Other than the action and the humor, though, the rest of the book is fairly lackluster. There's not too much characterization. All of the characters don't exactly have a past. Only Durango has a decent history, but even then, it's lacking. If the author explained Durango's dad (and mom, she's never mentioned) and Mimi a lot more, it would add so much more to the book. Mimi, while I love her sarcasm and humor, has a past that just seems randomly thrown into the book just to make her have a past. Also, the plot twists are really...lame. All I can say were that the plot twists were done "last-minute." I believe that the plot twist wasn't planned in advance by the author. I'm pretty sure that when the author reached that part of the book, he was like "Hey, it'll be a great idea if I do this!" There were two plot twists, and both times they seemed hastily done. The plot and characterization could have been much better.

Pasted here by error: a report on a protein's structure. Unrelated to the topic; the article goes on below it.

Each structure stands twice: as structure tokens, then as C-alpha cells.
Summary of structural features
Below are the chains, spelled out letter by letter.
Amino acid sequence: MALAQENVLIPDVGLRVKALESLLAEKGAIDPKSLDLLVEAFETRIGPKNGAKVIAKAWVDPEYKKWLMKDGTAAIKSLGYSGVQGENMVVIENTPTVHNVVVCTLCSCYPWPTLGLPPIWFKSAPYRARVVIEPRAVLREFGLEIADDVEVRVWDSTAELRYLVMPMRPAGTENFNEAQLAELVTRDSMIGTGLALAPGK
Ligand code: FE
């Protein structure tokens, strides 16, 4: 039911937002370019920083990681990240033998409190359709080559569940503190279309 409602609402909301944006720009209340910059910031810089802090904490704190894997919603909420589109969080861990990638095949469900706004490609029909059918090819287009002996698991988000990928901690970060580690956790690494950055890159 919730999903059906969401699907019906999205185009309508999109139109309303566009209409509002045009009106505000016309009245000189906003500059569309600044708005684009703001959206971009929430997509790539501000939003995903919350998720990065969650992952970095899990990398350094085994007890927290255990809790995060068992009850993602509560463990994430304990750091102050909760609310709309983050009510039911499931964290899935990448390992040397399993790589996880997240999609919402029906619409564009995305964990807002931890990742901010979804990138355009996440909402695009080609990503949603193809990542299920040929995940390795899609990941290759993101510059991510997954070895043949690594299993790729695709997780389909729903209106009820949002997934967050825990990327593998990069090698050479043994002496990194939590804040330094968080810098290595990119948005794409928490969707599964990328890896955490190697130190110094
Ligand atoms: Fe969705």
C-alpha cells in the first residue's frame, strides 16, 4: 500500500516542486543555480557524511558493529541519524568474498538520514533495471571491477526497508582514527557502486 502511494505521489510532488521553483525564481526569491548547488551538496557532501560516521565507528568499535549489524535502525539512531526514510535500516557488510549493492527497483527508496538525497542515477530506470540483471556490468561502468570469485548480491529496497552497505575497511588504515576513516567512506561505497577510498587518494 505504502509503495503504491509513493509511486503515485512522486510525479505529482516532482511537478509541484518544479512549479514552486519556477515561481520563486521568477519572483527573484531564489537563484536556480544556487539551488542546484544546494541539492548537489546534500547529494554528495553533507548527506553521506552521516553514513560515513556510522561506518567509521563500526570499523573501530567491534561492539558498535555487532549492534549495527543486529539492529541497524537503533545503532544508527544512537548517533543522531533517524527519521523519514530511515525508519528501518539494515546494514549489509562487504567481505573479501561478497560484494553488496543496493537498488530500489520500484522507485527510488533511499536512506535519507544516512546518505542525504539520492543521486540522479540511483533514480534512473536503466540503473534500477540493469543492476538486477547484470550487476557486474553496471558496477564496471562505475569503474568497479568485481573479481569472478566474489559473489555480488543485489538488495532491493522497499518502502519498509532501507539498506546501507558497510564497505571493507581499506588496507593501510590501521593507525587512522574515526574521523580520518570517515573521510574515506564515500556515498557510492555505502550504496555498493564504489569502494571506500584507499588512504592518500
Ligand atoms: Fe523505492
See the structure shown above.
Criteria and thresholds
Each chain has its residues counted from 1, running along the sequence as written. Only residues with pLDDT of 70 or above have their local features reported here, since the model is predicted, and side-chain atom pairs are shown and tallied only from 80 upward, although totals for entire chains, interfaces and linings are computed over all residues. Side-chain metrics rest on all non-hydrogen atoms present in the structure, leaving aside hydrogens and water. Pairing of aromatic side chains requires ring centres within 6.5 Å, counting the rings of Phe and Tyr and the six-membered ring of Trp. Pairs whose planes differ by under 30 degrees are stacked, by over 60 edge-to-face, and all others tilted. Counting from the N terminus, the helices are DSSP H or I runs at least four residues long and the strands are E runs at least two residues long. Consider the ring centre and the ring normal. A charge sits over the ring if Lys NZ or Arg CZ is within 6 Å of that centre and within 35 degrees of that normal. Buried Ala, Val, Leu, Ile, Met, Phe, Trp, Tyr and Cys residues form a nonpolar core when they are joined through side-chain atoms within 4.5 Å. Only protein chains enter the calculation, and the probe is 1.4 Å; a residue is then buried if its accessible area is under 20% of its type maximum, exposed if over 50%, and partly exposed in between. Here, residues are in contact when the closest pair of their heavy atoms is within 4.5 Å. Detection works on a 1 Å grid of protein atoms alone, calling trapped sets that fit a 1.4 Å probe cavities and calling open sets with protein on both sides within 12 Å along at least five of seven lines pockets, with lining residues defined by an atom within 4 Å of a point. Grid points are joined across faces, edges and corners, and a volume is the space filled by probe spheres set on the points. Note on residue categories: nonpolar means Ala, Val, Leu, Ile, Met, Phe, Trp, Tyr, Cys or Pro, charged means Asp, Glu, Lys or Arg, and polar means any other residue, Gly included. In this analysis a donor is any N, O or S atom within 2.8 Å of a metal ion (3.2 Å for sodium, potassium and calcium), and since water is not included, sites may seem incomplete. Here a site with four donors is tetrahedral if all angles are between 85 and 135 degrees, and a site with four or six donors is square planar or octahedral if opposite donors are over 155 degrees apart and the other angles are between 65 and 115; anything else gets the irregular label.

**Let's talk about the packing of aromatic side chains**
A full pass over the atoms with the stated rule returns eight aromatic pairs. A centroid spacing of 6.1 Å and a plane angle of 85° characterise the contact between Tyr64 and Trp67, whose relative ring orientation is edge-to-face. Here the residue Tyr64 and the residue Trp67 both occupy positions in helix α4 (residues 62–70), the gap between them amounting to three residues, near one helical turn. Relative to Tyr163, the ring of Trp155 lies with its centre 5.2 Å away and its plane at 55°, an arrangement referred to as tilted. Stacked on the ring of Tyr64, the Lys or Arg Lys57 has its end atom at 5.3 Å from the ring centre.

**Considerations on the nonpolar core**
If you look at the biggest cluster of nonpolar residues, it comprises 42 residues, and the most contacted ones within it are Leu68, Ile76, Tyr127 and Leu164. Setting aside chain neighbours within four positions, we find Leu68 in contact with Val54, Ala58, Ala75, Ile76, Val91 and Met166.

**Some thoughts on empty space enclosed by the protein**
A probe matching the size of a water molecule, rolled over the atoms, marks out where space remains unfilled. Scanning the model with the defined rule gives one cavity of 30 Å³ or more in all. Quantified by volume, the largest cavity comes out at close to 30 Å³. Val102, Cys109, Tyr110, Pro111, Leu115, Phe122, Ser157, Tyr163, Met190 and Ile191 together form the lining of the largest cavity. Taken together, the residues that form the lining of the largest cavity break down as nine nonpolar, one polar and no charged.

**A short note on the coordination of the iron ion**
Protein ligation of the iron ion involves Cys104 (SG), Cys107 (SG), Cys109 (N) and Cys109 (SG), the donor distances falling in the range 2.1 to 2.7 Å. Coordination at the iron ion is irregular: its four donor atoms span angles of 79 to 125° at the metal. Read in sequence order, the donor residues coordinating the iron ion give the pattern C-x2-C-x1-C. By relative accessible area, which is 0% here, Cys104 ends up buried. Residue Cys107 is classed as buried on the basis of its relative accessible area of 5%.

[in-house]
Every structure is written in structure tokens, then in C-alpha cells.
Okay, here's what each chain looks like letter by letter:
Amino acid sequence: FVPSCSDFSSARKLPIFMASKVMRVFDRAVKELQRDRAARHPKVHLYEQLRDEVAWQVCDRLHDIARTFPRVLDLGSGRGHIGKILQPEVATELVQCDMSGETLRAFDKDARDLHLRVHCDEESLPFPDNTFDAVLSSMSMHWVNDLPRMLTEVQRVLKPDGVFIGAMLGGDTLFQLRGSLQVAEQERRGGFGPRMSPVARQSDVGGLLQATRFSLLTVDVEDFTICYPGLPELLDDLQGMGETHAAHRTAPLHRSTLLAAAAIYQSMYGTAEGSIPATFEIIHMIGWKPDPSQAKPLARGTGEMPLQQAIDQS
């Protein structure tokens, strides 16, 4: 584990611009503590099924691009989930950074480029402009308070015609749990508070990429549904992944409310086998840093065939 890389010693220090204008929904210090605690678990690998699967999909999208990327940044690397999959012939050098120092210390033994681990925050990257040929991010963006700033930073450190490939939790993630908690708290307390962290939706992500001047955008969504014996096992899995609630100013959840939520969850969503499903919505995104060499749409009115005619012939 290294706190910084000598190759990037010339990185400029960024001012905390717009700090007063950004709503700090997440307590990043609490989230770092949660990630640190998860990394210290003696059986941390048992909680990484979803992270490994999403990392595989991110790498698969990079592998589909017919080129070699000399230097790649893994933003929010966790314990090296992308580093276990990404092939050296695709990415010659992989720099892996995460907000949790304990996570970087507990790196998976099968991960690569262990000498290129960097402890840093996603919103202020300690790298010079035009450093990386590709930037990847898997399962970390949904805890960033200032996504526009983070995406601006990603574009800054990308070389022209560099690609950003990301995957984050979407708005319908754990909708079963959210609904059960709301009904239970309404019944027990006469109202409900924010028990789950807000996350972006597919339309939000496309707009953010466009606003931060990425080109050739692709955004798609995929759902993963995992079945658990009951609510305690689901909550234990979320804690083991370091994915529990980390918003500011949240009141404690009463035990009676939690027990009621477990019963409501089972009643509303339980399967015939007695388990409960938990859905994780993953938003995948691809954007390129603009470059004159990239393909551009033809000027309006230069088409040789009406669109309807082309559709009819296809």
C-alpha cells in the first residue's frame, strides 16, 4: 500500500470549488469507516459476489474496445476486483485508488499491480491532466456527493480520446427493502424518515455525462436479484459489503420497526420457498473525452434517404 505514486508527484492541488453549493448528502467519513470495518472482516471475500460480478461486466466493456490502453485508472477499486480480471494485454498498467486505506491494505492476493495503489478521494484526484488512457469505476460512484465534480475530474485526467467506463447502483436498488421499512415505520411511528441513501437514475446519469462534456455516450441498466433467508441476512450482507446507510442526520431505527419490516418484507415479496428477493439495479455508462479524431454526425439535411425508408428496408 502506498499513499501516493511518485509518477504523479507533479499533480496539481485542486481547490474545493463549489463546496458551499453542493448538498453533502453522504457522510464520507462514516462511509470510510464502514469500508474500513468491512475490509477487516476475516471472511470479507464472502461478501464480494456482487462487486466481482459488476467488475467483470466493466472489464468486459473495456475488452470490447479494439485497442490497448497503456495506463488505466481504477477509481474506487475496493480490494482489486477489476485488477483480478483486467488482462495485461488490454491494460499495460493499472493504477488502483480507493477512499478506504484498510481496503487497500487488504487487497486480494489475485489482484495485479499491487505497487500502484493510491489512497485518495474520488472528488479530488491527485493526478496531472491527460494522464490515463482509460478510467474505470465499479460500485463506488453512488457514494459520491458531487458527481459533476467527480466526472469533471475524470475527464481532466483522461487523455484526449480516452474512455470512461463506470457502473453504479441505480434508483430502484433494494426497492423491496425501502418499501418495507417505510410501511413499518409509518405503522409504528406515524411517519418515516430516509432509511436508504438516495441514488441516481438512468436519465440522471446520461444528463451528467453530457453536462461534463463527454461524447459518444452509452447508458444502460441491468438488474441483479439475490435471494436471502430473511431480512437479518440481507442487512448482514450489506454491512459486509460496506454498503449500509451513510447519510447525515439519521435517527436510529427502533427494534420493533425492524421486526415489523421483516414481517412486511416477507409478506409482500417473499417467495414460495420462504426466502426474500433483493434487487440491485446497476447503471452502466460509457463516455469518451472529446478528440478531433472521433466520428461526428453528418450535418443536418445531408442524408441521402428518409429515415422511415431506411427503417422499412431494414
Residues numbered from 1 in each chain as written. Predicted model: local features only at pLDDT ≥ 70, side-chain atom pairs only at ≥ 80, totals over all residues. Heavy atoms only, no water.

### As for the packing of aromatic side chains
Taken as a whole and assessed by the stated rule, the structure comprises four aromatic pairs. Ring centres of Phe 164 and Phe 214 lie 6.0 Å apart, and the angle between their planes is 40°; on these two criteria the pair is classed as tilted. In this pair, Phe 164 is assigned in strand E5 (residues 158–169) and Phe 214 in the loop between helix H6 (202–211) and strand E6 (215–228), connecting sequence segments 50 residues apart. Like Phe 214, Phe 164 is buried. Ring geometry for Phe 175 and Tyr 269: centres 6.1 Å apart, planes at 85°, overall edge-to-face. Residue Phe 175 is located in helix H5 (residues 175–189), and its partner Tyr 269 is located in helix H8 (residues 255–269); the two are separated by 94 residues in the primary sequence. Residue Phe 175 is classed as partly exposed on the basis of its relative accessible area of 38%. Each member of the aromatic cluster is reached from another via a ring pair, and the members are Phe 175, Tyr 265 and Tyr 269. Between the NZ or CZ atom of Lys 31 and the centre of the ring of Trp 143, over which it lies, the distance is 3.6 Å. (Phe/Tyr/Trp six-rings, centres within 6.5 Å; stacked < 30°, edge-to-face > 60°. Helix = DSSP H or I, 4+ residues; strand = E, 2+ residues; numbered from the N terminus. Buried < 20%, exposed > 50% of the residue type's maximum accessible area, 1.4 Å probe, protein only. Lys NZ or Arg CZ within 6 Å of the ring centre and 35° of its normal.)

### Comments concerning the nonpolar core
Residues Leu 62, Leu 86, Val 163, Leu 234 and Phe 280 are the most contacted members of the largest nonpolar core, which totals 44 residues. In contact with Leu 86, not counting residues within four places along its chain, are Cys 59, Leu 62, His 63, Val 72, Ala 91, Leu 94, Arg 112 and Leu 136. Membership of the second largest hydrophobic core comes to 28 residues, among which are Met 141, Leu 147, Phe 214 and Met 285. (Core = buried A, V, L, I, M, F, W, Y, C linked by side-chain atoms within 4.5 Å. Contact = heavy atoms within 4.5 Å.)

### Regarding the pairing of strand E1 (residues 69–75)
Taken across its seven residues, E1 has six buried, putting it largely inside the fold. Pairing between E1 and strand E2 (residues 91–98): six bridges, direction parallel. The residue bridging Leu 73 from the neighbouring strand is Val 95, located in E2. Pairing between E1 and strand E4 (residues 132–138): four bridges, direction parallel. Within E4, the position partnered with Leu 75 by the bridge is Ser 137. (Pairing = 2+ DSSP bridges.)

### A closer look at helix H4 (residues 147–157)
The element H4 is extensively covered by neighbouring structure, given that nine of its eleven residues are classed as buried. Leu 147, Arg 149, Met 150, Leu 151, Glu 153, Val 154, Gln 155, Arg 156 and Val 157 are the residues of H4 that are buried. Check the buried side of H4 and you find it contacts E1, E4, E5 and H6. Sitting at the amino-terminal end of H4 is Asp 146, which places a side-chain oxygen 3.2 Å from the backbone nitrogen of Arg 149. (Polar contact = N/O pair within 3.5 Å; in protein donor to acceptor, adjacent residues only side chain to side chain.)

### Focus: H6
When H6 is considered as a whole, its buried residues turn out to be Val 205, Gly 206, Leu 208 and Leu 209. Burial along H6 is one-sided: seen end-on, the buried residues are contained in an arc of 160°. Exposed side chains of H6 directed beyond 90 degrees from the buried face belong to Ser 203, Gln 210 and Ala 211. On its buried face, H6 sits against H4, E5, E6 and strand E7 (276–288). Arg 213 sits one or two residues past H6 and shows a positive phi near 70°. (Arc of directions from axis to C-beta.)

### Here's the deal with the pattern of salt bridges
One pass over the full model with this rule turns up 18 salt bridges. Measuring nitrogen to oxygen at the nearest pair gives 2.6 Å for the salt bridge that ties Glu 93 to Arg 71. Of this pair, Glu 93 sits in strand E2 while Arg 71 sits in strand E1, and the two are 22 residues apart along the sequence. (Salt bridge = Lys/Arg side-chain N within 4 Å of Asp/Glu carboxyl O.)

All in all, the book was pretty well done. I expected a lot of action from the beginning, and I got a lot of action. The humor was an added surprise. Again, though, I was extremely disappointed in the plot and characterization. The ending was pleasing. It brought a sense of closure, but it left room open for a sequel (which this book desperately needs to have more characterization). This book has enough action to become a movie, but I'm not sure the plot is good enough. It definitely isn't a classic, though. All in all, while this isn't exactly my most favorite book of all time, I did not regret reading it.
2 of 2 people found the following review helpful
Mars Isn’t What It Used to Be April 24 2013
By Patricia Scholes - Published on